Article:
Writing is one of the most diverse methods of expression there is.  Keep it varied and avoid using duplication.

Writing Techniques: Show, Don’t Tell

This is the first of several writing technique pieces I’ve been meaning to write.  Hopefully you’ll find this useful.

One of the most common critiques in writing is the phrase, “show, don’t tell.”  For the beginning writer, and even for the intermediate writer, this can be hard to understand.  What do you mean by “show”?  And how is that different from “tell”?  This is especially painful for new writers who turn their masterpiece in to a critic and get panned for it.

Like all writers, I went through this myself.  My first books were riddled with the mistake, almost to the point where it was solely responsible for my ultimate decision to not publish them.  When I got my first book back from an editor for the very first time, their summation was (paraphrasing) “It’s not bad, but you need to rewrite it.”  That killed me.  I was in denial.  For three years I gave up on writing.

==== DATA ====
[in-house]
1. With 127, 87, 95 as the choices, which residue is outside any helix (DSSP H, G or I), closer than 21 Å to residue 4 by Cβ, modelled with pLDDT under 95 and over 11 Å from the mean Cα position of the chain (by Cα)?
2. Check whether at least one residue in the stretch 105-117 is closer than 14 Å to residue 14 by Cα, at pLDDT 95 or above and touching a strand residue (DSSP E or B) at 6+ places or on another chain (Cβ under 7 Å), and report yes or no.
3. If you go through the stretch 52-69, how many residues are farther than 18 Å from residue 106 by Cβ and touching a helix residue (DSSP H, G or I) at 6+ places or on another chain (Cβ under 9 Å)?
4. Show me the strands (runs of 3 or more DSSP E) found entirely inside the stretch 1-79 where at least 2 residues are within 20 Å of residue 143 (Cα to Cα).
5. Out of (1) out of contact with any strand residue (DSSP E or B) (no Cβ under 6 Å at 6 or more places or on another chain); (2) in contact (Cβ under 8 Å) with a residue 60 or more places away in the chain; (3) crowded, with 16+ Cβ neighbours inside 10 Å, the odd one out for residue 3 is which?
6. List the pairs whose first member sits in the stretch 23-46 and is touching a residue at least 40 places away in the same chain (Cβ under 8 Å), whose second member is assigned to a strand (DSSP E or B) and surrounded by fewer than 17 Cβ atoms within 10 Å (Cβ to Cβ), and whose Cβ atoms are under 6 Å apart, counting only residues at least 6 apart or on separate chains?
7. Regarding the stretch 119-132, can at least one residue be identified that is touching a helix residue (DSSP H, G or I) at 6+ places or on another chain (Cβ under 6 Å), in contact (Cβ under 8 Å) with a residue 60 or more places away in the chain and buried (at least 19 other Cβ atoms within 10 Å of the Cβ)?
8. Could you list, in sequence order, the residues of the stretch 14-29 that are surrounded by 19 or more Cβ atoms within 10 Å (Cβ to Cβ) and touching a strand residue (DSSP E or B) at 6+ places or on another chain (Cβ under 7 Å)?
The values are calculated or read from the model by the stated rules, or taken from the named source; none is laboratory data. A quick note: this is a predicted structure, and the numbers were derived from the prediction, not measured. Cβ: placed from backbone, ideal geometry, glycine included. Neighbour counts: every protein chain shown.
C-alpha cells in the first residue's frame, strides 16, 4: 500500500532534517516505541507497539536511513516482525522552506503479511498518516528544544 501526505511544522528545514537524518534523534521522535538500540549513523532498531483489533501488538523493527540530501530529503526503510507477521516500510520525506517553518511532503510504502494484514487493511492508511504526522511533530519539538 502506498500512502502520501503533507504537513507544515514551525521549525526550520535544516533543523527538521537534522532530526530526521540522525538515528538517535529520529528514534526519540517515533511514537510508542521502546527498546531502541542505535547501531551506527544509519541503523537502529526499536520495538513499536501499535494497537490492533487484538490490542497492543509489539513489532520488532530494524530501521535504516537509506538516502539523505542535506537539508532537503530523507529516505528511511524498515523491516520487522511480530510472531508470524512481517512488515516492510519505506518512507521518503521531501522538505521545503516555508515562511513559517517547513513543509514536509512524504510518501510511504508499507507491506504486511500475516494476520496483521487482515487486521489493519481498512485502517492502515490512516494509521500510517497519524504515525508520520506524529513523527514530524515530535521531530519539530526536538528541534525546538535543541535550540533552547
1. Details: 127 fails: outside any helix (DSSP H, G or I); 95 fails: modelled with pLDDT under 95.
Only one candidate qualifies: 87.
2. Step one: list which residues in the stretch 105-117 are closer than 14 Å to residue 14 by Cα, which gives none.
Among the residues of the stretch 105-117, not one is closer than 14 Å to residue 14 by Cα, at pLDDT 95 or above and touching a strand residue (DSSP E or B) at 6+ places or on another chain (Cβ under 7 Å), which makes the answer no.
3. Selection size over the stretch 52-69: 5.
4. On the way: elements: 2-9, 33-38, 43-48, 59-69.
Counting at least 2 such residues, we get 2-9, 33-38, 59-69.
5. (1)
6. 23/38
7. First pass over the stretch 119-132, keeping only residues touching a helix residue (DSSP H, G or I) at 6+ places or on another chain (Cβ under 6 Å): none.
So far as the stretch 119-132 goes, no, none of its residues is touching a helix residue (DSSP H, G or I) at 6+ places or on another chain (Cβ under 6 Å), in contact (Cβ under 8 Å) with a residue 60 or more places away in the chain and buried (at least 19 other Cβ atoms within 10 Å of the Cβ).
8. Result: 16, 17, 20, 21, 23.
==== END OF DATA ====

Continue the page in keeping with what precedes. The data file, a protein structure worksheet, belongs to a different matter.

Only through repetition, practice, and a lot of editing did I finally understand what that phrase means and how to overcome it.  Hopefully I can share that with you and make someone else’s journey a little less painful.

Tell

Let’s break it down, starting with the error first, and then we’ll go into how to fix it.  First of all, what does the editor mean by “tell”?  It’s a book, isn’t it?  As an author, you’re telling a story!  So why is it so problematic?

When an editor is referring to “tell”, they’re talking about author-voice exposition.  You have some concept you’re trying to portray and it has its complexities that make explanation difficult.  You finally boil it down to a concise handful of paragraphs.  Bam!  It’s fast, it’s clear, the reader understands the situation and now we can move onto the exciting parts of the story.

Wrong.

This is exactly the wrong thing to do.  Every time you put the story on pause and go into exposition mode, you’re taking the reader out of the world.  Rather than the immersion you’re attempting, you’re achieving exactly the opposite.

Show

Showing, is, of course, the correct way to go about teaching the reader about your world.  But what is the difference between showing and telling?  Where “telling” is the author writing out paragraphs of information (also referred to as data-dumping), “showing” is having the characters experience the world you’re trying to tell.